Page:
Sent 417024970 bytes 479786 pkt (dropped 0, overlimits 0 requeues 0) 
 backlog 0b 0p requeues 0 
jtanner@trainwreck:~$ cat /proc/net/softnet_stat
001def9c 00000000 00000000 00000000 00000000 00000000 00000000 00000000 00000000
000dad07 00000000 00000000 00000000 00000000 00000000 00000000 00000000 00000000
-------- --------
   \        \_ drop count
    \_ packet count
jtanner@trainwreck:~$ cat /proc/net/snmp | grep '^Ip:' | cut -f17 -d' ' 
ReasmFails
0
jtanner@trainwreck:~$ ps axo pid,comm,util | grep softirq
    4 ksoftirqd/0      0
    7 ksoftirqd/1      0

Applications

Oracle

vmstat

vmstat is the first place to check performance issues.

    • If the wa (time waiting for I/O) column is high, this is usually an indication that the storage subsystem is overloaded. See recipes 8-9 and 8-10 for identifying the sources of I/O contention.
    • If b (processes sleeping) is consistently greater than 0, then you may not have enough CPU processing power. See recipe 8-2 for identifying Oracle processes and SQL state-ments consuming the most CPU.
    • If so (memory swapped out to disk) and si (memory swapped in from disk) are consistently greater than 0, you may have a memory bottleneck. See recipe 8-5 for details on identifying Oracle processes and SQL statements consuming the most memory.

Enumerating high cpu oracle pids

Grab the pid number

ps -e -o pcpu,pid,user,tty,args | grep -i oracle | sort -n -k 1 -r | head

Query the database for more information

SET LINESIZE 80 HEADING OFF FEEDBACK OFF
SELECT
  RPAD('USERNAME : ' || s.username, 80) ||
  RPAD('OSUSER    : ' || s.osuser, 80) ||
  RPAD('PROGRAM : ' || s.program, 80) ||
  RPAD('SPID      : ' || p.spid, 80) ||
  RPAD('SID       : ' || s.sid, 80) ||
  RPAD('SERIAL# : ' || s.serial#, 80) ||
  RPAD('MACHINE : ' || s.machine, 80) ||
  RPAD('TERMINAL : ' || s.terminal, 80)
FROM v$session s,
     v$process p
WHERE s.paddr = p.addr
AND    p.spid = '&PID_FROM_OS';

Enumerating high memory oracle pids

Grab the pid number

ps -e -o pmem,pid,user,tty,args | grep -i oracle | sort -n -k 1 -r | head

Query the database for more information

SET LINESIZE 80 HEADING OFF FEEDBACK OFF
SELECT
  RPAD('USERNAME : ' || s.username, 80) ||
  RPAD('OSUSER    : ' || s.osuser, 80) ||
  RPAD('PROGRAM : ' || s.program, 80) ||
  RPAD('SPID      : ' || p.spid, 80) ||
  RPAD('SID       : ' || s.sid, 80) ||
  RPAD('SERIAL# : ' || s.serial#, 80) ||
  RPAD('MACHINE : ' || s.machine, 80) ||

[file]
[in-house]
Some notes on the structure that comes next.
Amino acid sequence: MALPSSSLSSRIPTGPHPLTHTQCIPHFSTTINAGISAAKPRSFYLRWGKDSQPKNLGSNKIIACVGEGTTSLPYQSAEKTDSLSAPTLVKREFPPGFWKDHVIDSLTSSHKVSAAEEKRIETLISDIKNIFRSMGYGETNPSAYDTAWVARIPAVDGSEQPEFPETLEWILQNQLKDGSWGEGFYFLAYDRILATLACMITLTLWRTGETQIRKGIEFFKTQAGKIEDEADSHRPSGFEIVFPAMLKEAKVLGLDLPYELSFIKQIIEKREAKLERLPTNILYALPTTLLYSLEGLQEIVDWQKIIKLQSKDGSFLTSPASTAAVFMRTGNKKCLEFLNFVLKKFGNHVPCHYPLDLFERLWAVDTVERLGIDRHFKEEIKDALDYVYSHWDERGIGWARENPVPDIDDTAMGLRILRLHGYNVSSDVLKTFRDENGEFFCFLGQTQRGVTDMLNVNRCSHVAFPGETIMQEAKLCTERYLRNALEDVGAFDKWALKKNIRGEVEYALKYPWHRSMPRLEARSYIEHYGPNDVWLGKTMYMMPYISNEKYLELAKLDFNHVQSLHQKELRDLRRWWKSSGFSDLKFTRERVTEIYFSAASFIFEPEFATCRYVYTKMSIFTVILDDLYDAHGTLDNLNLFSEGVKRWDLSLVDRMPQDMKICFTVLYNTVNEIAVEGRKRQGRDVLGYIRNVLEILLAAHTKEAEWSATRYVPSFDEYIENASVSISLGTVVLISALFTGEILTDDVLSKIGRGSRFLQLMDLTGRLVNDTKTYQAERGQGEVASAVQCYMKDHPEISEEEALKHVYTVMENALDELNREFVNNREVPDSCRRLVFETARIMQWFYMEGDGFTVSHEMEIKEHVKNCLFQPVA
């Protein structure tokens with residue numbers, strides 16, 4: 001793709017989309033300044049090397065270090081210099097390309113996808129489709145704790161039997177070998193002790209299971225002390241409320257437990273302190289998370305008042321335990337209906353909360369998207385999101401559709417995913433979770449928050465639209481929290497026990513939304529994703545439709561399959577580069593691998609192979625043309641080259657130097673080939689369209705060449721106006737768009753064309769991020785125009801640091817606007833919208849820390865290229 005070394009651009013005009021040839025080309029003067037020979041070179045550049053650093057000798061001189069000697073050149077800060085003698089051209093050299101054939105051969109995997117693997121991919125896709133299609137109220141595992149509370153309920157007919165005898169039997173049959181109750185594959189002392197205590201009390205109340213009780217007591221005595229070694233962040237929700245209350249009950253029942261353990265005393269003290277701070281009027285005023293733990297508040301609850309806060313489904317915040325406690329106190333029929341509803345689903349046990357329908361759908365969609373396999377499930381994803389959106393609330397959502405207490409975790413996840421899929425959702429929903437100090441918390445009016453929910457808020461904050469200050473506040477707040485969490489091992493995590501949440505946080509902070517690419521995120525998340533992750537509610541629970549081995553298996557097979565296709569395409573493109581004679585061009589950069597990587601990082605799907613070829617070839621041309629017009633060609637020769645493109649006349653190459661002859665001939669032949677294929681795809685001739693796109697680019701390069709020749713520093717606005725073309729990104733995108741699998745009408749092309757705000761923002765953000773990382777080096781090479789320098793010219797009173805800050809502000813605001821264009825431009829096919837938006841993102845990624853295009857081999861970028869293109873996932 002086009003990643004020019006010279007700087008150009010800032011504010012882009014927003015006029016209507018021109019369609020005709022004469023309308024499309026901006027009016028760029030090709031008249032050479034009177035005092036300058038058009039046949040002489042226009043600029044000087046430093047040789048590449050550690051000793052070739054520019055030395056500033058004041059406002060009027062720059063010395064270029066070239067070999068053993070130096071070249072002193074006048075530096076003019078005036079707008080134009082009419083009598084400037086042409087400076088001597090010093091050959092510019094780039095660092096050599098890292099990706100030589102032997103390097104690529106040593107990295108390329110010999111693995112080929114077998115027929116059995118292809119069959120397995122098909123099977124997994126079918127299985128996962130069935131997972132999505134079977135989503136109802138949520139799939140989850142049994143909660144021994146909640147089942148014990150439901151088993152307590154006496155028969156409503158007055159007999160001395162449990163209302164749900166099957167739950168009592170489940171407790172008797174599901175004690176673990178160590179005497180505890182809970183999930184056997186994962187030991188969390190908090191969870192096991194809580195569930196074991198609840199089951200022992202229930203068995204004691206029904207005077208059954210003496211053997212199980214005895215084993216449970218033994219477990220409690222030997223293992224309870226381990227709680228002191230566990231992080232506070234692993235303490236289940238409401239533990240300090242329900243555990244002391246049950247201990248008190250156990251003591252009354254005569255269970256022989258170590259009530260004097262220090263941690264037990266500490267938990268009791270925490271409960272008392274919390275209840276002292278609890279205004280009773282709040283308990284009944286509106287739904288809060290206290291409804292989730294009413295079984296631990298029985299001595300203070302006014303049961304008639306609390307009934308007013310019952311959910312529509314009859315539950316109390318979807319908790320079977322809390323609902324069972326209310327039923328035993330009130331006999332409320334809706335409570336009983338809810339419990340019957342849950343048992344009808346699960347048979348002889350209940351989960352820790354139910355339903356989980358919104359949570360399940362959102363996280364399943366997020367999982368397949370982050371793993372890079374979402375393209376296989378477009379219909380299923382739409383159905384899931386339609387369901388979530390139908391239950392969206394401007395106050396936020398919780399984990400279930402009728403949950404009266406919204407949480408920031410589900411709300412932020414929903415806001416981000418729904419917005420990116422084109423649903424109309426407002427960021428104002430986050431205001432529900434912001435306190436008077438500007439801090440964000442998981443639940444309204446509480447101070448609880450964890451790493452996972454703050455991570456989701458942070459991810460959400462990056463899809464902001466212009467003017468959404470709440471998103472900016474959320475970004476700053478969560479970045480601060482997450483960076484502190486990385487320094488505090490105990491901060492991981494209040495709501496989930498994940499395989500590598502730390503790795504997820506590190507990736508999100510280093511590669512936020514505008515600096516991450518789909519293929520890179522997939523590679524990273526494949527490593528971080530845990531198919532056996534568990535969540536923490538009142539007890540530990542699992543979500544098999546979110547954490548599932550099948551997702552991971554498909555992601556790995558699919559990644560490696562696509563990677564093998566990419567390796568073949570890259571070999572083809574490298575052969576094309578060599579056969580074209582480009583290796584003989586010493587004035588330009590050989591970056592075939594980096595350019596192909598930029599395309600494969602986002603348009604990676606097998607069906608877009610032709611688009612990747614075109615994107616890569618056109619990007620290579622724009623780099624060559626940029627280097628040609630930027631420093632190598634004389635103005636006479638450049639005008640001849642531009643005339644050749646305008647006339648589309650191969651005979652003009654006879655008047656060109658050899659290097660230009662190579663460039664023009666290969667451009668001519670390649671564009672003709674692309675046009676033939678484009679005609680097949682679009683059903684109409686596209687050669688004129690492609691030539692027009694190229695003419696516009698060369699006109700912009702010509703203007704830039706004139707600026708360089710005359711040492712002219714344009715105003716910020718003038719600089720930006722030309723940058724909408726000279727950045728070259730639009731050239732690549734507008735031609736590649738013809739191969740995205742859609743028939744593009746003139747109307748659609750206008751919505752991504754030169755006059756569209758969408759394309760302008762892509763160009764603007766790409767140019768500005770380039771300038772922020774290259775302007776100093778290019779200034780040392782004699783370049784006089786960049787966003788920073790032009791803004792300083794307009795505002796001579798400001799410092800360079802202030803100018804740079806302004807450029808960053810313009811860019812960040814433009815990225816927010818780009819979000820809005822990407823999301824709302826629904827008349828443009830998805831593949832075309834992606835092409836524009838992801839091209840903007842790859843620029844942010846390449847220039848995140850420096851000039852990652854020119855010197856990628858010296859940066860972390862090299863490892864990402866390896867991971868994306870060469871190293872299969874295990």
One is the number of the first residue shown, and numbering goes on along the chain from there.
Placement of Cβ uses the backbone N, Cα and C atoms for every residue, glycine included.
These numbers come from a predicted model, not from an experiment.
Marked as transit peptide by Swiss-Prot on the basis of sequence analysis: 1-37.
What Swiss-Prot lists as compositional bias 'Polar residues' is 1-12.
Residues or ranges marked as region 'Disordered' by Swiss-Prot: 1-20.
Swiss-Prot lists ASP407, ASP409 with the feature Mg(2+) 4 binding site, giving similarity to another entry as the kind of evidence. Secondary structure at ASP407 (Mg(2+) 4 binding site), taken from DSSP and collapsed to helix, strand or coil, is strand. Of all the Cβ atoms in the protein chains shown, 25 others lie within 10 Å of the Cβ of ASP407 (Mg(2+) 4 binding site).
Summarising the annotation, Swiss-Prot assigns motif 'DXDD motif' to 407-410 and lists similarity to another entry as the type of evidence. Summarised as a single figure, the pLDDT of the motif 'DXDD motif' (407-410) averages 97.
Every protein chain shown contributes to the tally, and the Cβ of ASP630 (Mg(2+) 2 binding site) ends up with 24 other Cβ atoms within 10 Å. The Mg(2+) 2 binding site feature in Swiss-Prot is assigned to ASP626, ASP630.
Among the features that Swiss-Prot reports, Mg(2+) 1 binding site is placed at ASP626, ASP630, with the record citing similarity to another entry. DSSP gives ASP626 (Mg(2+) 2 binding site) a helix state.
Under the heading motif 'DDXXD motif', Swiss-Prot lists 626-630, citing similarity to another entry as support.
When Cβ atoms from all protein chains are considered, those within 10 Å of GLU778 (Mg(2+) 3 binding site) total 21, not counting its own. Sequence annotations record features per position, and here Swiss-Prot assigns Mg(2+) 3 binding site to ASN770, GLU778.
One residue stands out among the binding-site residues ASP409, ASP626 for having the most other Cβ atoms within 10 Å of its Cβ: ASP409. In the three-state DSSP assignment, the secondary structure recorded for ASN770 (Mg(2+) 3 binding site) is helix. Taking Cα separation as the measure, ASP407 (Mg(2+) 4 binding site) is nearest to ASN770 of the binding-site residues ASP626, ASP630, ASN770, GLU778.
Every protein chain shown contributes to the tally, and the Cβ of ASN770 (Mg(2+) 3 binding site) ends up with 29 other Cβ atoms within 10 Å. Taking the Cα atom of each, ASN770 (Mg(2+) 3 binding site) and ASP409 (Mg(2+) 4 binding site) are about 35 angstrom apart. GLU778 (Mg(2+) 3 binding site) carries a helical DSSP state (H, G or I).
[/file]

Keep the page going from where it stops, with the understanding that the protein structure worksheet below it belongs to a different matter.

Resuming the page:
RPAD('TERMINAL : ' || s.terminal, 80) ||
  RPAD('SQL TEXT : ' || q.sql_text, 80)
FROM v$session s
    ,v$process p
    ,v$sql      q
WHERE s.paddr           = p.addr
AND    p.spid           = '&PID_FROM_OS'
AND    s.sql_address    = q.address(+)
AND    s.sql_hash_value = q.hash_value(+);

Enumerating high disk utilization

  • Look for devices with abnormally high blocks read or written per second.
  • If any device is near 100 percent utilization, that’s a strong indicator I/O is a bottleneck.

If the bottlenecked disks are used by Oracle, then you can query the data dictionary to identify sessions with high I/O activity. The following query is useful for determining which SQL statements generate the most read/write activity:

SELECT *
FROM
(SELECT
  parsing_schema_name
 ,direct_writes
 ,SUBSTR(sql_text,1,75)
 ,disk_reads
FROM v$sql
ORDER BY disk_reads DESC)
WHERE rownum < 20;

Determining which objects produce the heaviest I/O activity in the database:

SELECT *
FROM
(SELECT
  s.statistic_name
 ,s.owner
 ,s.object_type
 ,s.object_name
 ,s.value
  FROM v$segment_statistics s
  WHERE s.statistic_name IN
     ('physical reads', 'physical writes', 'logical reads',
      'physical reads direct', 'physical writes direct')
ORDER BY s.value DESC)
WHERE rownum < 20;

Enumerating network utilization

netstat -ptc

Proto Recv-Q Send-Q Local Address Foreign Address State              PID/Program name
tcp        0      0 rmug.com:62386 rmug.com:1521      ESTABLISHED    22864/ora_pmon_RMDB
tcp        0      0 rmug.com:53930 rmug.com:1521      ESTABLISHED    6091/sqlplus
tcp        0      0 rmug.com:1521 rmug.com:53930      ESTABLISHED    6093/oracleRMDB1
tcp        0      0 rmug.com:1521 rmug.com:62386      ESTABLISHED    10718/tnslsnr

If the Send-Q (bytes not acknowledged by remote host) column has an unusually high value for a process, this may indicate an overloaded network. The useful aspect about the previous output is that you can determine the operating system process ID (PID) associated with a network connection.

Tomcat

   1. Decide what needs to be measured.
   2. Decide how to measure.
   3. Measure.
   4. Understand the implications of what you learned.
   5. Modify the configuration in ways that are expected to improve the measurements.
   6. Measure and compare with previous measurements.
   7. Go back to step 4. 

Headline text

Profiling resource usage with cron and ps

[root@t5400 ~]# crontab -l
*/2	*	*	*	* 	ps aux > /root/ps.output/ps.`date \+\%Y-\%m-\%d_\%H_\%M_\%S`.out

To archive and clean out the /root/ps.output directory every night do something like this:

Put this in /root/ps.archive.sh

#!/bin/bash

if [ -f /root/ps.output-archive.tar.bz2 ]
then
 /bin/rm -f /root/ps.output-archive.tar.bz2
fi

/bin/tar -cjf /root/ps.output-archive.tar.bz2 /root/ps.output
  • chmod +x /root/ps.archive.sh
  • crontab -e
  • 10 0 * * * /root/ps.archive.sh > /dev/null 2>&1

So with that cron entry and script at 10 past midnight every night it will tar up what is in /root/ps.output/ and remove the stuff in there. It should leave enough if you have a hang to determine the problem.